Friday, December 30, 2005
Horse Sex Story Tops “Seattle Times” Most Popular List
The “Seattle Times” web site published a list of the most clicked stories from the year 2005, and by far their most popular article dealt with a man who died from a perforated colon while having sex with his horse. The paper tries to pass off the interest in the story to the national public, as the story was linked to on the Drudge Report and other news cites. But there was evidently a wide margin between this story and the 2nd most popular story, enforcing that people from Seattle are sick!
No, I’m just kidding; I don’t judge people by their little fetishes (ok, big fetishes in this case; nothing small about a horse). And, of course, I don’t think that all Seattle people read the story, enjoyed the story (or accompanying video), or have regular sex with their horses. I mean, sure, you need something to do with all that rain there, but I doubt this is a widespread activity…
Still, was it me running that paper, I would have buried that article as deep as possible. And if people found it, and still made it the most popular news article of the year, I certainly would not have come back with a list of the most popular stories of the year; that’s just beating a dead horse (or a dead mounter of the horse, as the case may be).
Posted by Scottage at 11:17 AM /
Essay by Farris Hassan, 16 Year Old Iraqi Traveller
OK, maybe this is bad blog etiquette, but I’m going to reprint here the highlights of the essay by Farris Hassan, the Florida teen who went to Iraq for his Christmas vacation. This is really good stuff, folks, and it’s hard to believe he’s 16 years old.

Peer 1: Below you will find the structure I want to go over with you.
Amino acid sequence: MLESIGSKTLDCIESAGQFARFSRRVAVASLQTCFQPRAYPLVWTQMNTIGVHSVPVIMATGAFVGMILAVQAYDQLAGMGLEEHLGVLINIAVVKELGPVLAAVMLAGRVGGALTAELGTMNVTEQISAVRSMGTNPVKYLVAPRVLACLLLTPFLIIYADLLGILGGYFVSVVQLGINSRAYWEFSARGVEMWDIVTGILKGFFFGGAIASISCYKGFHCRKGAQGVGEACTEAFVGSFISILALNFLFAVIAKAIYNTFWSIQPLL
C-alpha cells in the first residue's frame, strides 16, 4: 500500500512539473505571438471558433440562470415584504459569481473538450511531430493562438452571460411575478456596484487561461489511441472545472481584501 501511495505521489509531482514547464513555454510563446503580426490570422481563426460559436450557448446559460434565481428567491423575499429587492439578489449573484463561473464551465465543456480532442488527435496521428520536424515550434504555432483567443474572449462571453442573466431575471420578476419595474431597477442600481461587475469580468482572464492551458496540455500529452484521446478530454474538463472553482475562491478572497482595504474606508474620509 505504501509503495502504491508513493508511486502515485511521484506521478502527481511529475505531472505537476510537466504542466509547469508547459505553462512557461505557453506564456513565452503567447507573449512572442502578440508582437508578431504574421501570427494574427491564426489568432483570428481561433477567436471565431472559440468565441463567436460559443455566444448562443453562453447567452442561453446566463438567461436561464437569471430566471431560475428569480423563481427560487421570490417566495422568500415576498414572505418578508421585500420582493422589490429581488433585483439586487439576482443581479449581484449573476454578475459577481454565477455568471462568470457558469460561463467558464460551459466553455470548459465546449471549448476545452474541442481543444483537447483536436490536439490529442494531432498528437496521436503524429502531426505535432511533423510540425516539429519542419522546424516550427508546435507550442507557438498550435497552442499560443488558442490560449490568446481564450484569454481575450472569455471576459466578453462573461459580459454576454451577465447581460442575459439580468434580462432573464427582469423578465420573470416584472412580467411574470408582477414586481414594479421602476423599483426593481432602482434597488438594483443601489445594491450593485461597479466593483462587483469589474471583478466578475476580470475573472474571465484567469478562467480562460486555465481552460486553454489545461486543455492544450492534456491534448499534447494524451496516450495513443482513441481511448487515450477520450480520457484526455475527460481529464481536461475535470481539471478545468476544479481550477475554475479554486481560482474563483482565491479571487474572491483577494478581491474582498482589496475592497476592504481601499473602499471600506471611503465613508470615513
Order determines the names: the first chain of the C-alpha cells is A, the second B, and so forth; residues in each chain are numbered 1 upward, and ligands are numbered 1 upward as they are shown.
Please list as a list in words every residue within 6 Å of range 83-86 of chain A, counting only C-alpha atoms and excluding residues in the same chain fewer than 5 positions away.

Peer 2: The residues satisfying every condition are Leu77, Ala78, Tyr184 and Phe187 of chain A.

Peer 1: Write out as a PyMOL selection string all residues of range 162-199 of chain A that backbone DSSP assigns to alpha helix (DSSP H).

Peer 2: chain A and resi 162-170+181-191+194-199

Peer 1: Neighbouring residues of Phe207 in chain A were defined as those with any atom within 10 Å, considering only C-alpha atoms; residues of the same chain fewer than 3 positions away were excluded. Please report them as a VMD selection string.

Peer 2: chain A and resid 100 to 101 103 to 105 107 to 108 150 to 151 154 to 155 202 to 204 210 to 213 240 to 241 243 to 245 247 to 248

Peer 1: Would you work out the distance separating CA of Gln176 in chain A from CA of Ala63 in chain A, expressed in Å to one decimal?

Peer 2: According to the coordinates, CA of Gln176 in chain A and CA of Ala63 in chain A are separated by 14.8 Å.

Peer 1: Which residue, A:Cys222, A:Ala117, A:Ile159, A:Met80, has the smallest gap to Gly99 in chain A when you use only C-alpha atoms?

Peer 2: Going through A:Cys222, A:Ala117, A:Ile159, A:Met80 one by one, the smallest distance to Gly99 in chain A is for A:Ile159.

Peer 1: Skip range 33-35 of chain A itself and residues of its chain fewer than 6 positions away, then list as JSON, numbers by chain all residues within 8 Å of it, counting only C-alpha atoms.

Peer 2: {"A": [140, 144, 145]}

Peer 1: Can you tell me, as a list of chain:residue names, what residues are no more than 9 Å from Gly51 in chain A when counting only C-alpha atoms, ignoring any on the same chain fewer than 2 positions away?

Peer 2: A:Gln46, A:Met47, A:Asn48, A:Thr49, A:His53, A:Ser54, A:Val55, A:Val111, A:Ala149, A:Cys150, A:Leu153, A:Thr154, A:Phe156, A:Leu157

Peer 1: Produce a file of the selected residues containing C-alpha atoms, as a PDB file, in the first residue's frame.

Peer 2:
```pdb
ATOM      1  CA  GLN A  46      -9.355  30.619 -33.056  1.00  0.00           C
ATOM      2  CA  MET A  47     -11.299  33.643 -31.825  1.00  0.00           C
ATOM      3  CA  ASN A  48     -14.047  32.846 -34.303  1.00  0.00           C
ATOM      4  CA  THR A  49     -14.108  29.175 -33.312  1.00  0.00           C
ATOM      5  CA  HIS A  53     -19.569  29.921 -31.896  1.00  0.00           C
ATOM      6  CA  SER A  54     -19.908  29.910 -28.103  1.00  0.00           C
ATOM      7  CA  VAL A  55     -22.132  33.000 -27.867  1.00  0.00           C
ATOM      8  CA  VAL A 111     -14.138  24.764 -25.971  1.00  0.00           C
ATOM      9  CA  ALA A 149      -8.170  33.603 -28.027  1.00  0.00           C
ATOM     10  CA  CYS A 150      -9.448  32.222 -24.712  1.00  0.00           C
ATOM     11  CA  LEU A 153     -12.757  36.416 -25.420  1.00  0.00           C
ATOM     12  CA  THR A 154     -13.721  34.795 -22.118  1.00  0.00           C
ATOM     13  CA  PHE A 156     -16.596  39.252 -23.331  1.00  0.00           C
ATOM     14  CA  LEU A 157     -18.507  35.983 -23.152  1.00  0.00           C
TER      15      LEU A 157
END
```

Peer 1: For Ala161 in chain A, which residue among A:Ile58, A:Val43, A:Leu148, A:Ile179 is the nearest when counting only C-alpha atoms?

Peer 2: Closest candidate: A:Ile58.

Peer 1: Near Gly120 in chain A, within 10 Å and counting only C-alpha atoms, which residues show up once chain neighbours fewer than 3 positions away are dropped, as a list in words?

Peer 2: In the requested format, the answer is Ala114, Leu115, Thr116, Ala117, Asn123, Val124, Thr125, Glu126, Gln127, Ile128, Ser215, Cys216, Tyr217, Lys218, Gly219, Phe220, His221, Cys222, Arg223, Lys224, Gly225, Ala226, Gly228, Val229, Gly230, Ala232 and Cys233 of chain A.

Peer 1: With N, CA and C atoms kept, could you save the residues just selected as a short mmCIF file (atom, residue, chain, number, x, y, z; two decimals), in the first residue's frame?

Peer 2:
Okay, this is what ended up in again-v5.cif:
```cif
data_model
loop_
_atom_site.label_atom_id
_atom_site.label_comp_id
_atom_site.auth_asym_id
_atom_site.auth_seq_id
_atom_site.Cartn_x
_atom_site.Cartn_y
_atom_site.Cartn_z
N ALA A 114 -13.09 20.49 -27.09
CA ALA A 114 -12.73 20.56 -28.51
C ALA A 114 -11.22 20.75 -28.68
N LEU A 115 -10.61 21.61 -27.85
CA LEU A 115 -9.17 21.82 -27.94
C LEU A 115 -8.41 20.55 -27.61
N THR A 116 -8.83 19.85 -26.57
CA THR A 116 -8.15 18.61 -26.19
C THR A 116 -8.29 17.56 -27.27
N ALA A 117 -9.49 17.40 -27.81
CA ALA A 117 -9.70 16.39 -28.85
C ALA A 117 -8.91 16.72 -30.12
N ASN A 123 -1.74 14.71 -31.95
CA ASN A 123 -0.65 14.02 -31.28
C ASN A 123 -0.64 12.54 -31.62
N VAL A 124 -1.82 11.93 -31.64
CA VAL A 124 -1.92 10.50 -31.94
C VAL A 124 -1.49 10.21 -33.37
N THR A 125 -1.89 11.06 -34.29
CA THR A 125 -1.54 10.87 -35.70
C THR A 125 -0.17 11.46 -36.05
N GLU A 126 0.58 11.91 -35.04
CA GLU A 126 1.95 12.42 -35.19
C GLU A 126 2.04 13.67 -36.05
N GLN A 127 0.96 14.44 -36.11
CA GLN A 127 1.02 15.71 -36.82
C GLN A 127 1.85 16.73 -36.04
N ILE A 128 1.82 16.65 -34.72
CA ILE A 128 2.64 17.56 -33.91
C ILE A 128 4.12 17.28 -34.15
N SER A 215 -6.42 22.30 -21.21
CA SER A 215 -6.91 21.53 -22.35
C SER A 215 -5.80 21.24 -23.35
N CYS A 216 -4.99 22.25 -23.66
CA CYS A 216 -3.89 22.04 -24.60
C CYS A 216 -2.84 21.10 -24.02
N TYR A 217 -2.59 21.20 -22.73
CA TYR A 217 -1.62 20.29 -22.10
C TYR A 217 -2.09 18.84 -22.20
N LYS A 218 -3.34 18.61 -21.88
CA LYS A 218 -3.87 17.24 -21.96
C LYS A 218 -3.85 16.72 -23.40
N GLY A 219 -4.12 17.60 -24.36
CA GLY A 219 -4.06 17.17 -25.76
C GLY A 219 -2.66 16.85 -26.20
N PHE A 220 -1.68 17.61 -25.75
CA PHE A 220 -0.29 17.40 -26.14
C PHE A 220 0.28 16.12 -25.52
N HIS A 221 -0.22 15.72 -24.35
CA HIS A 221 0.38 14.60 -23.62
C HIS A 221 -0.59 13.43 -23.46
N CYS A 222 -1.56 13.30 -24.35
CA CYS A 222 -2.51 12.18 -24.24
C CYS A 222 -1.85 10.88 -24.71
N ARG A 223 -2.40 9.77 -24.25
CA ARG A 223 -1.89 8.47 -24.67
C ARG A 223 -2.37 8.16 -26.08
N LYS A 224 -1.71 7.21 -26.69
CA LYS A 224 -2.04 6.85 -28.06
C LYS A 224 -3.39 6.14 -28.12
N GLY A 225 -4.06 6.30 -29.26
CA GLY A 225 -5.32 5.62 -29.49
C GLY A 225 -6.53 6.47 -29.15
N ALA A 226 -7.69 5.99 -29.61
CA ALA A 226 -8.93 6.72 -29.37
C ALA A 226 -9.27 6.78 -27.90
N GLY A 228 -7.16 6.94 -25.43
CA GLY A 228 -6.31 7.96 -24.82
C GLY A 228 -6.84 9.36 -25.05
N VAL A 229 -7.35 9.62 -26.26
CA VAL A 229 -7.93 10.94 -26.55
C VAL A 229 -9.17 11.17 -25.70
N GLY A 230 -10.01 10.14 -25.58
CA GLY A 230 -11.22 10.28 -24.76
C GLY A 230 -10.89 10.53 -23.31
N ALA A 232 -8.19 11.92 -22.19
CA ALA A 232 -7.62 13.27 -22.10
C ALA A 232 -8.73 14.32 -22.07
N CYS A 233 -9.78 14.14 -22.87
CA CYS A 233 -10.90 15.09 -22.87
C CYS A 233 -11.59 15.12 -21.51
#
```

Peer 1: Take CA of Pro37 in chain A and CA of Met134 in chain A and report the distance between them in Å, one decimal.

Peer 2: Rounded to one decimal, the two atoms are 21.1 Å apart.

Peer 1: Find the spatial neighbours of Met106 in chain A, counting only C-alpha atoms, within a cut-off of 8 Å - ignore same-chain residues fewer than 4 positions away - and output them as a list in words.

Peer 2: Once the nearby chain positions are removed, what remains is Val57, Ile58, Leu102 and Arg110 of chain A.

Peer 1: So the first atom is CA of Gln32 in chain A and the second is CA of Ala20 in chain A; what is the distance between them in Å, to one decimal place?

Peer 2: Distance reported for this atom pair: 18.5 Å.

If each of us could incorporate a bit of the spirit of Hassan’s essay, I think the world would be a much better place. And I really hope to see the essay he creates having returned from the experience. So, without further ado, the essay created by Farris Hassan, half written in the US, half written in Kuwait, as he prepared to enter Iraq alone, armed only with the best intentions:
There is a struggle in Iraq between good and evil, between those striving for freedom and liberty and those striving for death and destruction. You are aware of the heinous acts of the terrorists: Women and children massacred, innocent aid workers decapitated, indiscriminate murder. You are also aware of the heroic aspirations of the Iraqi people: liberty, democracy, security, normality. Those terrorists are not human but pure evil. For their goals to be thwarted, decent individuals must answer justice's call for help ... So I will.
Life is not about money, fame, or power. Life is about combating the forces of evil in the world, promoting justice, helping the misfortunate, and improving the welfare of our fellow man. Progress requires that we commit ourselves to such goals. We are not here on Earth to hedonistically pleasure ourselves, but to serve each other and the creator. What deed is greater than sacrificing one's luxuries for the benefit of those less blessed? ...